Bakhtiyari? or Turkish beachball?
This pile fragment was in the Dealers’ Fair and caught the attention of many eyes. During the course of the conference, the tag bore several attributions, the last of which was Bakhtiyari. It had some white and blue cotton in the foundation, lustrous wool and great colors.
A Chahar Mahal attrubtion was thought to be the most likely.
Jurg Rageth referred to the last rug as a “beachball” rug because of the appearance of the unusual major elements. It has substantial and lustrous pile, with small amounts of fuchsine that has by now faded to near white.
The panelists concurred that it is from Turkey, but no one could say whether it is Central or Eastern.
Like the others in the Mystery Rugs session, no one had seen anything quite like it.
I don't recall the details right now, but I'm pretty sure one of Kirchheim's rugs shown at the exhibition of his collection at the Hamburg ICOC was a Caucasian with a "beachball" field.
I wonder whether the beachball rug in your post has had some borders trimmed off it. I don't think I've seen anything quite like this, border-wise.
Steve, you may be thinking of Plate 29 in Kirchheim’s Orient Stars, a Caucasian
rug with the beachball look. I’m fairly certain that Bausback published it earlier.
That clearly is Caucasian and the “mystery rug” is just as clearly Anatolian in the panel’s opinion. The only question was Central or East.
As to the sides, I think they were original. The pile was overall in nearly pristine condition. Here is a detail of the rug on a Caucasian rug. The selvedges on the other side were sometimes red.
More later on the connection between this beachball design and Swedish cushion covers.
At first glance, without any info about structure, the so called beachball rug could be a free interpretation of the mina khani design by some inspired Luri weaver. The freedom of the drawing, the light border, the shape of the hooks , the colors make me to think of a Luri origin.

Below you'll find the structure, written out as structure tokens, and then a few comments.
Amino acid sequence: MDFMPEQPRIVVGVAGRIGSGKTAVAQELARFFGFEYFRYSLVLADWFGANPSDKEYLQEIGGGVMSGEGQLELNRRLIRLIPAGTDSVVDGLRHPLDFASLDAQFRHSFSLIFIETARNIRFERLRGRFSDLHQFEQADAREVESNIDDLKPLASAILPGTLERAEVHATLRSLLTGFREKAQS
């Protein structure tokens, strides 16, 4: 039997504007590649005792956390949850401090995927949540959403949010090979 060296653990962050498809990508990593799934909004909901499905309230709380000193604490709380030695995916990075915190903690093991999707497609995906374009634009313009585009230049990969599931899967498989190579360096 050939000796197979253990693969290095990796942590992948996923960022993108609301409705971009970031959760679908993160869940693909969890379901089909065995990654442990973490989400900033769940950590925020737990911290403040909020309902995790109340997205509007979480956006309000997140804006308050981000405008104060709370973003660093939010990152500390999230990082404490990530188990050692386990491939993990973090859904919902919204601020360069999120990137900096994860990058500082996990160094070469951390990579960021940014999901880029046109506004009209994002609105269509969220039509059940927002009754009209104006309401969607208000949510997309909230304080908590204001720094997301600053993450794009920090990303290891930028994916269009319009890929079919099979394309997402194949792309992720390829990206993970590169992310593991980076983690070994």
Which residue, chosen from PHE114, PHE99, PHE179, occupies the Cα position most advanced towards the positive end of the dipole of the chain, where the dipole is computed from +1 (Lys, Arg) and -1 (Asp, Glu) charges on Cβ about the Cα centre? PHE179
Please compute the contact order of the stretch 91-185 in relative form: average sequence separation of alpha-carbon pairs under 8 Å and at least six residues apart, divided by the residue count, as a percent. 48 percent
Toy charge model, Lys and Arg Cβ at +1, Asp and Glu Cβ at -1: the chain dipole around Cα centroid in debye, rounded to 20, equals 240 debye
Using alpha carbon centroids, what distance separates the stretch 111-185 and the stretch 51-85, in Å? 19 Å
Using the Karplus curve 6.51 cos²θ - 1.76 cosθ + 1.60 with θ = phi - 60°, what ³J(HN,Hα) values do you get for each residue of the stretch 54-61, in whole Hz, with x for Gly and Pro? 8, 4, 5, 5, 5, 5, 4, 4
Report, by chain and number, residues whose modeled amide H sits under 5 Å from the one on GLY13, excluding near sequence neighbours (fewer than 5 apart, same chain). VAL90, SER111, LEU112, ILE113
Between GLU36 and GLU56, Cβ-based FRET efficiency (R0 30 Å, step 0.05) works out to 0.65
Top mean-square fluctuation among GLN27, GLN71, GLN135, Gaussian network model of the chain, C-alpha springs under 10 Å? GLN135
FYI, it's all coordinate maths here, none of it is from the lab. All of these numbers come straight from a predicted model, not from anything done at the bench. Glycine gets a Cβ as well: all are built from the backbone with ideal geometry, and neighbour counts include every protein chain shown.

Note that the devices are quite different from the K. caucasian rug that do not show any notch.
The universality of some designs is best illustrated by seeing this Swedish cushion cover from 1815 in another variation of the "beachball" design.
This one seems to be in some sort of kilim or rolakan technique, not the twist technique of the two other cushion covers that I posted.
While it is referred to as having "rosettes" I believe that this quadripartite (here is appears to be octapartite) pattern has existed for at least 1,500 years in various media clearly without a relationship to anything floral. If someone stylized a rose or other flower, it was so long ago that the collective memories of society could not remember it.
Scandinavian textiles copied many motifs from the Islamic lands.
Here is an Afshar khorjin face. Lots of beachballs have been jammed into the
Dear Steve, Wendel, et al.,
I first saw this mystery "beach ball" red field rug last year in Istanbul where it had recently been sourced from Central Anatolia. I considered acquiring it, and it appeared complete. It was quite lovely, and one could say, almost playful and naive.
The unusual design and format stimulated a lot of conversation, of course, and led us to still another plate shown by Ulrich Schurmann in "Caucasian Rugs," that had similar floral motifs scattered in the field. I am sorry I cannot offer the exact reference at the moment, as I am traveling
The Turkish dealer who showed me this rug just days after it had entered the market, and who subsequently placed this piece in the hands of a European seller, claimed, with utter certainty, that it was from Karapinar.
John sent me two images with some comment. He’s busy so he asked me to post
some of the comment as well.
You may have Schurmann but here are what I think are two images in his book that may be similar to the "beach ball" design folks are discussing in the ACOR 8 minisalon.
The first is Plate 9 in Schurmann. He says it's a Bordjalou Kazak and 18th century. He refers in his caption to a "flat" on "plate pages 33" where he says there is further comment. There seems nothing relevant on page or plate 33 and all of his flatweaves are at the back. I think he may have reference to Plate 140 on page 355 which he describes as a "Chila (flat stitch silk) That caption says the this piece "possesses to a certain degree the character of early tile-like decoration of Selkshuk rugs."
Please make a post after Mr. Krayer's in this thread using these images and drawing on either what I've said above or you sense of what Schurmann is saying.
Well, sadly I don’t have Schurmann’s book - considering its price I guess I’ll have to wait for the next reprint – so I refrain from comments.
And here are the two scans:
Thanks and regards,